Saturday, November 05, 2005

Eerie silence

It’s been a full kind of week, although, alas, we didn't do anything much for Hallowe'en. I had a yen to dress up, but nowhere to go to (maybe we'll organise a party ourselves next year). But I’ve been to the gym twice (and will go again on Saturday), I had my palaeography class on Tuesday night, and choir started up again on Wednesday. Funny how one can have what feels like a very quiet life, and simultaneously not have a free evening in which to write a blog entry.

This has also been made more difficult because my computer, which used to be quite well-behaved, has recently become slow and crash-prone. I think it doesn’t like its updated virus protection and anti-spyware program. Anyway, it takes ages to boot up, so you can’t just nip online for a quick browse and post. Luckily for me, I have a handy computer expert in the D. B., who had brought a new processor unit up with him with the idea of rebuilding the whole thing anyway and doing a clean reinstall. So that’s one thing we’ll be doing tomorrow.

It’s funny – I’m still in the process of adapting to life as one half of a couple. Although I live with my family, like them, and do a lot of stuff with them, I don’t necessarily dash home at the end of the day to be with them. I don’t have that feeling of conflicting desires when I’m off doing something on my own. For the past couple of years, the D. B. and I have either been visiting each other (so obviously, we spent all our time together) or a long way apart, so I’d sort of forgotten what it was like. I like singing, reading, doing my crafty things, and going to the gym, and I don’t want to do less of them, but it’s still such a novelty to have the D. B. around on a daily basis (and he’s so lovely) that I want to spend all my time with him too.

I did manage to find time to update the sidebar links here, which I’ve been meaning to do for ages. And I’ve finally succumbed to temptation, and made an online place to talk about books. I keep being tempted to post rambling accounts of what I’ve been reading here, and while that’s OK once in a while, it’s not really what this blog is for. I had a livejournal which was sitting empty, so it’s now become my book blog. If you’re interested you can find me at, or click on the link at the side. I’ll be doing the TIME reading list and reading my usual SF and fantasy as light relief.

Yesterday I had the best workout for ages. By the end, every muscle felt well-used, and I think the level of effort was about right. It hadn’t started out too propitiously: the cardio room was very busy. Usually I go on the treadmill for 20 minutes, then do weights, then use the elliptical cross-trainer for another 15 or 20 minutes. There wasn’t a single treadmill or cross-trainer unoccupied, which I’ve never seen since the renovations – there are a lot of machines. The StairMaster was the only thing available; I’ve never used it before, but nothing ventured…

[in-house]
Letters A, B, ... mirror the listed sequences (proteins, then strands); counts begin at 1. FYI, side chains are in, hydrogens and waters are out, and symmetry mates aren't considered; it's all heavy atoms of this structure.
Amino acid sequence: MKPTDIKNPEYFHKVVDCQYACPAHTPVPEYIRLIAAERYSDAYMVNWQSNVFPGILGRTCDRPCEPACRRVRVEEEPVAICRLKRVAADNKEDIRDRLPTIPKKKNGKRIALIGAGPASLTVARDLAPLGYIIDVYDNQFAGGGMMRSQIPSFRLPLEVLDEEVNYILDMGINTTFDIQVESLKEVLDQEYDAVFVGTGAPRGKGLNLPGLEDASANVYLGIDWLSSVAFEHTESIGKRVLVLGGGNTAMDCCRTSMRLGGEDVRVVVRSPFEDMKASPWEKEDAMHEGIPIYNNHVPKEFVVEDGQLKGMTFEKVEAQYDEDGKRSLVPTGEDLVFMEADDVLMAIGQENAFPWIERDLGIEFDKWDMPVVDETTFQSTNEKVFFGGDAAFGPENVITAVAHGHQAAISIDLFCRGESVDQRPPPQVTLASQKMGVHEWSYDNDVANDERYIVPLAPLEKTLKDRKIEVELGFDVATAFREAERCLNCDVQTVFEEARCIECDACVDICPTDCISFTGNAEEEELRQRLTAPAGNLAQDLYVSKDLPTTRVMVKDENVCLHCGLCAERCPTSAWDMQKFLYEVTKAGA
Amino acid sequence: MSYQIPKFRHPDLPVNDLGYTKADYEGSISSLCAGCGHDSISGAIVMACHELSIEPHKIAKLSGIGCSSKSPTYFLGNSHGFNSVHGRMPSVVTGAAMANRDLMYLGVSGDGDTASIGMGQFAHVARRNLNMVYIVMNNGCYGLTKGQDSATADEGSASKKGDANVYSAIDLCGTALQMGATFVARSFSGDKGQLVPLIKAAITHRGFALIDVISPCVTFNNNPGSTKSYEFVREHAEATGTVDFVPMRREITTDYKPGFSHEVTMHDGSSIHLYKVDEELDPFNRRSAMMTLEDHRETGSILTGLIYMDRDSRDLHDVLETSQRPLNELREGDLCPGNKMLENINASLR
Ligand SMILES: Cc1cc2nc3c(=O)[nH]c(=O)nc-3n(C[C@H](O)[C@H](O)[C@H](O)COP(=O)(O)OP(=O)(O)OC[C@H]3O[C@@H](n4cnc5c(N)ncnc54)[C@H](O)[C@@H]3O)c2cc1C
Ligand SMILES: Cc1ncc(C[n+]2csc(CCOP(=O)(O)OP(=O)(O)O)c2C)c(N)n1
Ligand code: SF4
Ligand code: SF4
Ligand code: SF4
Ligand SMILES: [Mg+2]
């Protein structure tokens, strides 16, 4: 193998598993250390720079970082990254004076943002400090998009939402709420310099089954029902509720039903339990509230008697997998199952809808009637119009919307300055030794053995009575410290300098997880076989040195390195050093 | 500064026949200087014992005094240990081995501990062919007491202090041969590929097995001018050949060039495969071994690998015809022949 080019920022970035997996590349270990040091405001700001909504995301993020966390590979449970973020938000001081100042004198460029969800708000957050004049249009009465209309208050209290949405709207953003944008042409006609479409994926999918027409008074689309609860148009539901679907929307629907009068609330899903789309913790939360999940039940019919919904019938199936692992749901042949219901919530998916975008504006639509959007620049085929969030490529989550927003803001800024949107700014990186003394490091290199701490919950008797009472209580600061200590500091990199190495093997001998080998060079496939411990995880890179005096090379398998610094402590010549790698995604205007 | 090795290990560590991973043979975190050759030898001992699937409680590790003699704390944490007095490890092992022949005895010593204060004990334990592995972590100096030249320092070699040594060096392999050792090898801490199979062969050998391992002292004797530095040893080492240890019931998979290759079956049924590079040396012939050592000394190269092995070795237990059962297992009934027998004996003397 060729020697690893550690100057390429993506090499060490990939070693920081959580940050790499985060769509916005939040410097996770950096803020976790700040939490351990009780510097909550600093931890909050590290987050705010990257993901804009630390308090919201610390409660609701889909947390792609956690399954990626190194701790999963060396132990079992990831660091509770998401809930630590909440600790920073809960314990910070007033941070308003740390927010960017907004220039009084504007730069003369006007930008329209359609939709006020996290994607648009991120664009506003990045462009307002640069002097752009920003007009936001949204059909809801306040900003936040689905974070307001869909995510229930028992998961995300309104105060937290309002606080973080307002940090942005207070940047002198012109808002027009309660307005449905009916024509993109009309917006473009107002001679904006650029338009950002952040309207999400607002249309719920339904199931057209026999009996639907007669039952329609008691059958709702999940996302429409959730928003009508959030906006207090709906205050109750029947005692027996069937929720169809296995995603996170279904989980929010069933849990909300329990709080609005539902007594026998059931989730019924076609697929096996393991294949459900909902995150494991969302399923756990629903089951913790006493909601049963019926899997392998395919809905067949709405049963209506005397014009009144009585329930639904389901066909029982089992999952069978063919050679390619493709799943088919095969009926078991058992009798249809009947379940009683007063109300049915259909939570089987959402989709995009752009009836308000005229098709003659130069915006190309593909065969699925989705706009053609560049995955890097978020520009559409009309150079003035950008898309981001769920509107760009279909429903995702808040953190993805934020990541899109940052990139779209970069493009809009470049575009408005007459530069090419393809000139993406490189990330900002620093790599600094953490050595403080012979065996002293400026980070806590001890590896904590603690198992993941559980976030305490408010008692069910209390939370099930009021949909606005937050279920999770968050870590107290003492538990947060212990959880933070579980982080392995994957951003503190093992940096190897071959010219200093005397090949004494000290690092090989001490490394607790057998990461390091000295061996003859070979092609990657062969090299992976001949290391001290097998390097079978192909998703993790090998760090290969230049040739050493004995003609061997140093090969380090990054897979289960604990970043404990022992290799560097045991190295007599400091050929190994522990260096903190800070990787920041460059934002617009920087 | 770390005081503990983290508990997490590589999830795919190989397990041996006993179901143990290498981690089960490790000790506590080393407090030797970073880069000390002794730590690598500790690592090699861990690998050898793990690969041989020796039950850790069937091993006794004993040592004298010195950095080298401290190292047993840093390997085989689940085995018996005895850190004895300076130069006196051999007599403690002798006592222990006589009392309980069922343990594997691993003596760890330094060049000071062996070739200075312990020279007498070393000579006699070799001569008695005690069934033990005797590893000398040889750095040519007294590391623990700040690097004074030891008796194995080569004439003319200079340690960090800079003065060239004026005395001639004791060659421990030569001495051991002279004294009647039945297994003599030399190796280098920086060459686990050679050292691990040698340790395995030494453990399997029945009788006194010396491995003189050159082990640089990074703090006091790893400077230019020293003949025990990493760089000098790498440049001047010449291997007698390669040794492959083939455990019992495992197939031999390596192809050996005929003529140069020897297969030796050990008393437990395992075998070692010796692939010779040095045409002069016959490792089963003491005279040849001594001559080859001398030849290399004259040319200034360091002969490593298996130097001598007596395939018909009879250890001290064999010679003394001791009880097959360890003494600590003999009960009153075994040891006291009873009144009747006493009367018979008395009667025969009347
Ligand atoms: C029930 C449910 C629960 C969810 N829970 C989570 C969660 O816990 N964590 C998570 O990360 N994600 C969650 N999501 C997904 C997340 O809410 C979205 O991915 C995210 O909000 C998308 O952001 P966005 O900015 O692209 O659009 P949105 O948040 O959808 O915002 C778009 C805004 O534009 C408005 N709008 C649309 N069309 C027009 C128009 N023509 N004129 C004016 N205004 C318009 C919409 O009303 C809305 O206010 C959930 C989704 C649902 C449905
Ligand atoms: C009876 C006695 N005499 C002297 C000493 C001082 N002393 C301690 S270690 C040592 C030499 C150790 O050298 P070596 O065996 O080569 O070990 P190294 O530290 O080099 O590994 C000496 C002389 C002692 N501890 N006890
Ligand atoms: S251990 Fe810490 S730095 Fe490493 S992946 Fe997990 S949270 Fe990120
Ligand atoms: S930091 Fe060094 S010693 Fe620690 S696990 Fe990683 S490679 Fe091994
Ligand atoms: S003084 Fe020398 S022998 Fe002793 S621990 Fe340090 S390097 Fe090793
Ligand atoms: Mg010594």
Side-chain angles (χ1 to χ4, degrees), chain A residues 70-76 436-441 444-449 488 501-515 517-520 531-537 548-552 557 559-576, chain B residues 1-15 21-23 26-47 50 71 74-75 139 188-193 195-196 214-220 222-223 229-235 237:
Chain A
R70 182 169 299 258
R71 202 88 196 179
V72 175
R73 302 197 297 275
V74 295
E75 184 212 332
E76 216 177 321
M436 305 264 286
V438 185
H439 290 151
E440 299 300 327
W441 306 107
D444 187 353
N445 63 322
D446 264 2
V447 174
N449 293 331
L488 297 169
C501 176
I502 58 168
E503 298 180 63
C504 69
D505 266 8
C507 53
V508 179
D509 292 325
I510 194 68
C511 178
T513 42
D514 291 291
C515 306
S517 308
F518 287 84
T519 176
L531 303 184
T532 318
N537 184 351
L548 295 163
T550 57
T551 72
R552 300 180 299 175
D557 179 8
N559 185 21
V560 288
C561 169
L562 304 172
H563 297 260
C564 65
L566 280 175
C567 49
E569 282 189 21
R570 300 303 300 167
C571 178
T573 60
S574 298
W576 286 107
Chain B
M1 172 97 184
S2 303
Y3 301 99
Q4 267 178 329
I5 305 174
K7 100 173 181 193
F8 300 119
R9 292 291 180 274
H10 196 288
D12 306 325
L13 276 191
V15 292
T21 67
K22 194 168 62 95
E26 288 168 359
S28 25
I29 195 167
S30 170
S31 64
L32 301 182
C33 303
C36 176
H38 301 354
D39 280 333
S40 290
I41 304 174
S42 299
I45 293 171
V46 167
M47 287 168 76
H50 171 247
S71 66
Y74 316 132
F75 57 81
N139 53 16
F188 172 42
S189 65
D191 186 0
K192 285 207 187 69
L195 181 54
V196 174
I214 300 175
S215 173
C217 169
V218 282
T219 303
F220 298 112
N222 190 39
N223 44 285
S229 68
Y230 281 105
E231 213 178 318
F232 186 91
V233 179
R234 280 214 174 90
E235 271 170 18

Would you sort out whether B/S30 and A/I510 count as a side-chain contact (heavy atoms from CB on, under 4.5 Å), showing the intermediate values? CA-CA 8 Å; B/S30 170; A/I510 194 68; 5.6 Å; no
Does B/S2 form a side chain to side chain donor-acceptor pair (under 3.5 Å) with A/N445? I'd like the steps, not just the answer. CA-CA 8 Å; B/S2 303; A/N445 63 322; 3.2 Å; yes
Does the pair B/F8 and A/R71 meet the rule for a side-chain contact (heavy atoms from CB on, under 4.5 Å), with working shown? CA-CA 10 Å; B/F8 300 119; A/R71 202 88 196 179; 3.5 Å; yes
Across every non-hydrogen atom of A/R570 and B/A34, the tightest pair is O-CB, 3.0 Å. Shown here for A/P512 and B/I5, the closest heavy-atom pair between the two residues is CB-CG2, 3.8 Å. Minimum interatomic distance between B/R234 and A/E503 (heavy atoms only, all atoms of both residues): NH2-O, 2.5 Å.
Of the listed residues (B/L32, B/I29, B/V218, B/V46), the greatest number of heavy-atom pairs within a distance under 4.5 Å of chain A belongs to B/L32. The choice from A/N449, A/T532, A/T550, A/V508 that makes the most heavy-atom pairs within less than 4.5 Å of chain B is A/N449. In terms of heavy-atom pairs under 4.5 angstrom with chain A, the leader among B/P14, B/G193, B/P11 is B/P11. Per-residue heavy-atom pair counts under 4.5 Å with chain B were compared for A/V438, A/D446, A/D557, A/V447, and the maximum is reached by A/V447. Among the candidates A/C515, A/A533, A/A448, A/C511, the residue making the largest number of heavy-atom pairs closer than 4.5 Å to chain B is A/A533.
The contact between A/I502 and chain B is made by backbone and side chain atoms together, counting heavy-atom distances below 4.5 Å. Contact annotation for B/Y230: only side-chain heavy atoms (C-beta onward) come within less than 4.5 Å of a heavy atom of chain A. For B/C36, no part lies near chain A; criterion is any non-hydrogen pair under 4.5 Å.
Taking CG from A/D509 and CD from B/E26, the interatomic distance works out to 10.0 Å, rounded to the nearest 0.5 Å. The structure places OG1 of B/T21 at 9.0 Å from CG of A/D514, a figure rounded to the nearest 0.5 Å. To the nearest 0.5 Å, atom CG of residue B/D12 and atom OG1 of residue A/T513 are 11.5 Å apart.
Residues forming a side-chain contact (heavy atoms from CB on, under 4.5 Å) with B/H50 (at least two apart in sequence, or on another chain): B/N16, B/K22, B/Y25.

I think I shall rename it the MoonWalker. It feels a bit like walking on a trampoline, or a giant squishy marshmallow, except that it’s easier to balance upright. The longer you stand still, the deeper your feet sink, so if you go slower you have to take bigger steps. I did the “fat-burning” interval course (well, it sounds good) for fifteen minutes and although I didn’t have to stop, it was hard work. I think it burned about the same number of calories as the equivalent run (about 150) but it was tiring in a completely different way. The hardest thing of all was pushing with my whole foot, rather than going up on my toes as if I was actually trying to climb up a step.

Weights went very well, although I had a long wait to use the Olympic platform and squat cage. I’ll be happy when they get round to building a third platform. I added a bit of weight to my deadlifts and squats. Last time I did squats, they made me feel sort of head-rushy and nauseous (they were at the end of the workout – the cage was busy then too) and I ended up skipping my second cardio, on grounds of not wanting to throw up. I know some people see throwing up as a sign that you’re working really hard, but I can’t help feeling it’s the body saying “You are not up to this.”

This time, although I was being cautious, the squats were fine. It’s actually easier to balance the bar if there’s some weight on the ends (we’re talking a measly 5kg here – don’t want to go mad, do we?) and also easier to keep my heels on the floor.

It’s the upper-body stuff which is a real challenge. I’m doing bench presses, dumbbell rows and hammer curls, and although I’m not using much weight yet, it’s always quite a challenge not to involve my back towards the end of a set. On the other hand, self-correcting is easy because it feels instantly wrong if the back is anything but neutral.

And finally, abandoning any pretence at a structure for this post:

In the gym a few days ago, I was getting changed next to a girl who was ready, waiting for her friend. She was tall, pretty and graceful-looking – I would like legs like hers in my next life, please – and since she was discussing philosophy animatedly with her friend, she clearly wasn’t dim either. Generally enviable. I was vaguely thinking, as you do, that here was a person who was far more together than me, who didn’t look as though she was stumbling through life in a shambolic and amateur manner like me, and sort-of wishing I could be like that.

Then I noticed she had her shorts on inside out.

(Yes, I did consider mentioning this to her, but she noticed before I had thought of a tactful way to do it. However, that made my evening.)

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